President Jacob Zuma put up a spirited fight in defence of the dissolution of the ANC’s KwaZulu-Natal provincial executive committee.
However, this was defeated in favour of a more unifying option – putting in place a caretaker team that will prepare branches for the crucial national elective conference in December.
During a special national executive committee (NEC) meeting on Friday, Zuma led the call for members to support the KwaZulu-Natal leadership’s decision to appeal against the Pietermaritzburg High Court ruling, handed down last week, that their election in 2015 was unlawful and void.
“Zuma was by far the strongest person in favour of keeping the provincial executive committee [PEC],” said one NEC member.
“He really went to town insisting that the appeal was the way to go. He didn’t hold back. Ultimately, he lost the fight, but he really went for it.”
Staunch Zuma loyalist Nomvula Mokonyane apparently also went to bat for the PEC. She allegedly went so far as to dismiss the divisions in the party in KwaZulu-Natal. The matter was not serious because only four people were applicants in the court case, she said, according to another NEC member.
“Nomvula was really out of order, saying ridiculous things about how the KwaZulu-Natal divisions were not that widespread. Her analysis is very problematic for a senior leader. This issue has split the province in two.”
Another NEC member said Mokonyane had to be called to order.
“The NEC reminded her that the problem in the province cuts across all regions and that the NEC should work towards uniting everyone.”
The split is between those who support the PEC under chairperson Sihle Zikalala – a close ally of Zuma’s – while the other half supports ousted chairperson Senzo Mchunu.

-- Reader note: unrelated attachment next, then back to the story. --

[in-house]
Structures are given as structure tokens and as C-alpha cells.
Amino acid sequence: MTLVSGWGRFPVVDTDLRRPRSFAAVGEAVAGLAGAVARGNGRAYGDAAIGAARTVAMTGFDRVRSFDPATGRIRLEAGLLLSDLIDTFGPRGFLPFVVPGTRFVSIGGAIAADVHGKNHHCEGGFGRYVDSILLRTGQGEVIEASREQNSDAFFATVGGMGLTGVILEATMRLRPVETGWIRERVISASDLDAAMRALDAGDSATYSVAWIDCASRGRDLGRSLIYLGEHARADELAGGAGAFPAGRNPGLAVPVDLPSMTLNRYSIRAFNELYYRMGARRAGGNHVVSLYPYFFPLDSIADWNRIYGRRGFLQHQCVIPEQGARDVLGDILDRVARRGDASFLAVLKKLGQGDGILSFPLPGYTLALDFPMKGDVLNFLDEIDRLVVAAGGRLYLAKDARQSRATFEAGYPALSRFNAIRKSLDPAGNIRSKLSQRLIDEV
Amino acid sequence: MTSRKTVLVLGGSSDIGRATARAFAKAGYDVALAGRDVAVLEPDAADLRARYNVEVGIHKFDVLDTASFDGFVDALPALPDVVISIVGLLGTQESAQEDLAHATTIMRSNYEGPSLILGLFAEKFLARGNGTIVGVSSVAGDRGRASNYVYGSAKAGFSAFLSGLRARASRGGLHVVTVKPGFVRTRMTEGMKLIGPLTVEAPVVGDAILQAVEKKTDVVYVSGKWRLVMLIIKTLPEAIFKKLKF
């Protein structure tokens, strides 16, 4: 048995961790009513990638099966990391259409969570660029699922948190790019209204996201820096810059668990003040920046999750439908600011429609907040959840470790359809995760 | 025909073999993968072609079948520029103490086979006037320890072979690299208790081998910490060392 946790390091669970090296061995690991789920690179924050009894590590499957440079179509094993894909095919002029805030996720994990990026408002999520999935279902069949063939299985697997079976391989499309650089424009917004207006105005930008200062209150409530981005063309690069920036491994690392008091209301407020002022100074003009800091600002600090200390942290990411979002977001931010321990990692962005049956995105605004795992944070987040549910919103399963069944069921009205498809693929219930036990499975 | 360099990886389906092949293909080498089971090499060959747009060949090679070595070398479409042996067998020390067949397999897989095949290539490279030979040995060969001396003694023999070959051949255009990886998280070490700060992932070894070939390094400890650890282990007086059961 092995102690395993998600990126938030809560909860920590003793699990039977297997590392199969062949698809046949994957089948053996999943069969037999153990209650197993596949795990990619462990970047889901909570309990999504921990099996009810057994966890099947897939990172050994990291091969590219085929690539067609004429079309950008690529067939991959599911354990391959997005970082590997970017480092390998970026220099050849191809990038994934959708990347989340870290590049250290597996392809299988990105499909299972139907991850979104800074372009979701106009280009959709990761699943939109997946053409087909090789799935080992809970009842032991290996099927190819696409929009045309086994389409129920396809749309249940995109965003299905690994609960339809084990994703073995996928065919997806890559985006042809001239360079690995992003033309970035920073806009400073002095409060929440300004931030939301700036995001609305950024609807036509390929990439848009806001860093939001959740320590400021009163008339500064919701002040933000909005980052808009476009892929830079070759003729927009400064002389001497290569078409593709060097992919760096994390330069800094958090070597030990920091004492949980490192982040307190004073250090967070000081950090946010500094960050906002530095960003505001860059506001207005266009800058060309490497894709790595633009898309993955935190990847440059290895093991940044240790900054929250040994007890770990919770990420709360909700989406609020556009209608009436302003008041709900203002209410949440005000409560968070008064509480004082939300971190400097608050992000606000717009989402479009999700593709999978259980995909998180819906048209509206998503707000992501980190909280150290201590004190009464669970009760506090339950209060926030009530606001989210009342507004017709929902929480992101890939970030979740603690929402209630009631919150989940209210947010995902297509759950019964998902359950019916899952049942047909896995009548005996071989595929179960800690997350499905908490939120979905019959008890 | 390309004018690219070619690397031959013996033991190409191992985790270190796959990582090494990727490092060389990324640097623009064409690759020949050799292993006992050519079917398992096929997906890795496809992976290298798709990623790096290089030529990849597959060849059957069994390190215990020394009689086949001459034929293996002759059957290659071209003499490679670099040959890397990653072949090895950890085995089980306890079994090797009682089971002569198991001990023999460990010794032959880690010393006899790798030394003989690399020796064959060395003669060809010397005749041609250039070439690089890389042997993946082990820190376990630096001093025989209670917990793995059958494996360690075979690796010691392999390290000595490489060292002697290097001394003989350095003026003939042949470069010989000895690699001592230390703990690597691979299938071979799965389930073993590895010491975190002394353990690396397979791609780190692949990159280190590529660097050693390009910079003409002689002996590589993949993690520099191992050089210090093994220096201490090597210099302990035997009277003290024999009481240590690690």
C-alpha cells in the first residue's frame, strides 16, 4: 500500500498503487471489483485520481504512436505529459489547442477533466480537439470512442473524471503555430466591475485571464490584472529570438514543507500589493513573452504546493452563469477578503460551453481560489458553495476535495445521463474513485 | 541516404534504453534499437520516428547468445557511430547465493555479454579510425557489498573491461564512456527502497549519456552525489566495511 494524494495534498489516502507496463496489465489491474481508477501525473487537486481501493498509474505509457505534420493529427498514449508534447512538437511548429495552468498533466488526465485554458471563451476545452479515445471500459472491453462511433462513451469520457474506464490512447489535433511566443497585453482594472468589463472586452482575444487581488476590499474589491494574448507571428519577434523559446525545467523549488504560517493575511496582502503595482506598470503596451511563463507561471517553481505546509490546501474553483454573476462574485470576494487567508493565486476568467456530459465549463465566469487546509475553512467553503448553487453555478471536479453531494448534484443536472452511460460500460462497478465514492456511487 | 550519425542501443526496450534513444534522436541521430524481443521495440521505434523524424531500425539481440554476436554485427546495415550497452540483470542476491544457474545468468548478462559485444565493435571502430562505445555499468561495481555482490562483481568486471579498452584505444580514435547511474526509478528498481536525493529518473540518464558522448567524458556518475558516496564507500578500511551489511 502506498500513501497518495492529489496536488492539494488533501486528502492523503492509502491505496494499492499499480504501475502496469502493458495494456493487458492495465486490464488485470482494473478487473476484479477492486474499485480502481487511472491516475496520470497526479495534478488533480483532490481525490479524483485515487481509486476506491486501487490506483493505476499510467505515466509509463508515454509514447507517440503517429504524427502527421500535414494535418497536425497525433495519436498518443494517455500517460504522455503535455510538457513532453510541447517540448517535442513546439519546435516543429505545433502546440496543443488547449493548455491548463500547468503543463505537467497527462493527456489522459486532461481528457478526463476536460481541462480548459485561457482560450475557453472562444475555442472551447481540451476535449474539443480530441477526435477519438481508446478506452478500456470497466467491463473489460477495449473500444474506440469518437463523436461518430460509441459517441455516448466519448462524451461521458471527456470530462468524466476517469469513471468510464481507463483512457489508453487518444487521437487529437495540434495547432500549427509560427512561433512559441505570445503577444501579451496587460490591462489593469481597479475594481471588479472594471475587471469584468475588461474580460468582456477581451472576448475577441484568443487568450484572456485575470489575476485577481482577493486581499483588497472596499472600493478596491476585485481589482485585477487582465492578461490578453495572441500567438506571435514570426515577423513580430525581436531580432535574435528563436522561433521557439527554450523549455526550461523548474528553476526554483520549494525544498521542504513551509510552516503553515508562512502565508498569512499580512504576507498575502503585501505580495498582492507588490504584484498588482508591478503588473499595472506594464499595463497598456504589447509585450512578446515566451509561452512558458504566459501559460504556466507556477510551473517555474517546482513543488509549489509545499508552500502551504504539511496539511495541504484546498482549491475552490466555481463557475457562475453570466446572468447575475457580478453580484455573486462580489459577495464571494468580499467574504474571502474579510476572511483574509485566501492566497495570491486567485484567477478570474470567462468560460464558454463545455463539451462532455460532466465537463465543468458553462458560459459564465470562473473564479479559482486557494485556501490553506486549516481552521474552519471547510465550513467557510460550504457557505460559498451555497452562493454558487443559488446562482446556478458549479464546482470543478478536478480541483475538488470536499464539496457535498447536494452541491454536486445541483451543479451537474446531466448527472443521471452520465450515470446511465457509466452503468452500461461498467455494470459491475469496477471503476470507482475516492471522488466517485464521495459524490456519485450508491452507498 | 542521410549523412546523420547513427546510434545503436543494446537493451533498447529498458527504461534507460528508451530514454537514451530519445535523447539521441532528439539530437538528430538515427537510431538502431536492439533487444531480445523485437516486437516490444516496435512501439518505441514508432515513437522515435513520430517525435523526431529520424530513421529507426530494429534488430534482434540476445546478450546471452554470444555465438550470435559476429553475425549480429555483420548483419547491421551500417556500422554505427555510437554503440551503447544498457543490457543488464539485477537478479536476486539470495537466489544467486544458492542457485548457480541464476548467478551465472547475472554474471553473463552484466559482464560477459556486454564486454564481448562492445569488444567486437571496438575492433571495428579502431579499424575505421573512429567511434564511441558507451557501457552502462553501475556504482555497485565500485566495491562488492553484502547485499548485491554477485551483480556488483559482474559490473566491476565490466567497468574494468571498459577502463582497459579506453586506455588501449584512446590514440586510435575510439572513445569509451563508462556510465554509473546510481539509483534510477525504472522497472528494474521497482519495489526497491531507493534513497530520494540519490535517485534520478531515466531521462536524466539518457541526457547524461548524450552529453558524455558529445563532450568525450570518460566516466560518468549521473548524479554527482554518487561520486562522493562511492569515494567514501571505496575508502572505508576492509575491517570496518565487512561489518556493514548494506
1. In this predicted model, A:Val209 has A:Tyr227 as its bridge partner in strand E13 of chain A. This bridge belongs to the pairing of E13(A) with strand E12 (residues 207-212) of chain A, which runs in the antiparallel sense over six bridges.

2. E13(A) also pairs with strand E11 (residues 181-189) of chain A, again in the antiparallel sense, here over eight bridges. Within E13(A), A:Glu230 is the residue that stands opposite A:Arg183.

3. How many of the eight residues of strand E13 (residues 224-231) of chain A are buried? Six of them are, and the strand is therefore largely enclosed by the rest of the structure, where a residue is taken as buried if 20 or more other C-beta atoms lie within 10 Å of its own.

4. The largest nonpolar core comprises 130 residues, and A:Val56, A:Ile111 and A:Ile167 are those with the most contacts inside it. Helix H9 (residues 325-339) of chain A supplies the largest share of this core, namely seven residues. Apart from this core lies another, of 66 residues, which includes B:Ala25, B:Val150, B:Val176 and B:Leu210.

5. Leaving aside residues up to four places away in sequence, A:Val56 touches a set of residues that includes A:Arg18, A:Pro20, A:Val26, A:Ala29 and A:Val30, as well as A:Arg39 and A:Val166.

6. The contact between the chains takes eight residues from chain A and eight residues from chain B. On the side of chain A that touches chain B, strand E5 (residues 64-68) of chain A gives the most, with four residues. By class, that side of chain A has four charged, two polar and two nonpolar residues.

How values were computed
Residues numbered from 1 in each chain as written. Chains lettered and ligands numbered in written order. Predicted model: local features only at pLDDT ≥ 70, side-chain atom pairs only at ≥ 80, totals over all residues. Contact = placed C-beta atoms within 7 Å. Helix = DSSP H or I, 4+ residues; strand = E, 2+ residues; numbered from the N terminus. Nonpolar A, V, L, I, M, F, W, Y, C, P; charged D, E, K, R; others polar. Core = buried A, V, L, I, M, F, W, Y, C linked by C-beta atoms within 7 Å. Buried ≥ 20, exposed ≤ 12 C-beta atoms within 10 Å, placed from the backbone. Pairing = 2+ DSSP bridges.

He is a staunch supporter of Deputy President Cyril Ramaphosa. In recent weeks, he has been campaigning for Ramaphosa to succeed Zuma at the elective conference.
The province has become a battleground for the two sides.
“We have not been dissolved”
NEC members were left confused about the status of the KwaZulu-Natal PEC after ANC secretary-general Gwede Mantashe announced the outcome of the NEC meeting at a press briefing.
According to a statement issued after the briefing: “The NEC mandated the national working committee to establish a strong, inclusive and unifying provincial task team that will be tasked with preparing for a provincial conference in KwaZulu-Natal.”
Some party members argued that the PEC had been dissolved pending a legal opinion on whether to appeal against the judgment. Others said it remained in place.
Mdumiseni Ntuli, ANC KwaZulu-Natal spokesperson and a PEC member who was elected at the now-unlawful conference, yesterday criticised Mantashe. He stopped short of calling Mantashe’s report back factional.
“We remain the PEC. We have not been dissolved. We have not been disbanded. The secretary-general’s message should have been loud and clear: that the PEC remains with all of its powers, until such time as the legal opinion comes back and gives a different direction,” he told City Press.
“It is clear to us that the ambiguity in the secretary-general’s statement serves those fighting the KwaZulu-Natal PEC. Already, they are rejoicing that we have been disbanded. That is not the case.”
However, an NEC member told City Press that, after clarity was sought at the meeting, ANC national chairperson Baleka Mbete stated that the PEC had been dissolved.
“The problem that other comrades are battling to understand is that you can’t establish a task team on top of a PEC. So the PEC is dissolved,” the member said.
“The decision in the NEC was that we immediately suspend operations of the PEC, and the national working committee must now ensure it establishes the provincial task team.”
The NEC member said Mantashe was forced into a delicate balancing act when delivering his report back, given that KwaZulu-Natal is the president’s home province and support base.
“Gwede just had to be sensitive. He couldn’t say ‘dissolution’ because it is an emotive issue.”
It’s understood that the majority of the NEC was in favour of setting up a task team that would not stoke tensions between the Zikalala and Mchunu factions.
Another bone of contention was the proposal that Zikalala’s PEC be converted to a provincial task team, which would take the province to the national elective congress.
In 2012, ahead of the Mangaung conference, ANC members in the Free State took their bid to nullify their provincial conference all the way to the Constitutional Court.
The highest court in the land ruled in favour of the members and their PEC was converted to a task team.
Ntuli said they were disappointed that they were not given the same treatment by the NEC.
Nathi Mthethwa is believed to have shocked the anti-Zuma camp by shooting down the proposal that the PEC be converted to a task team.
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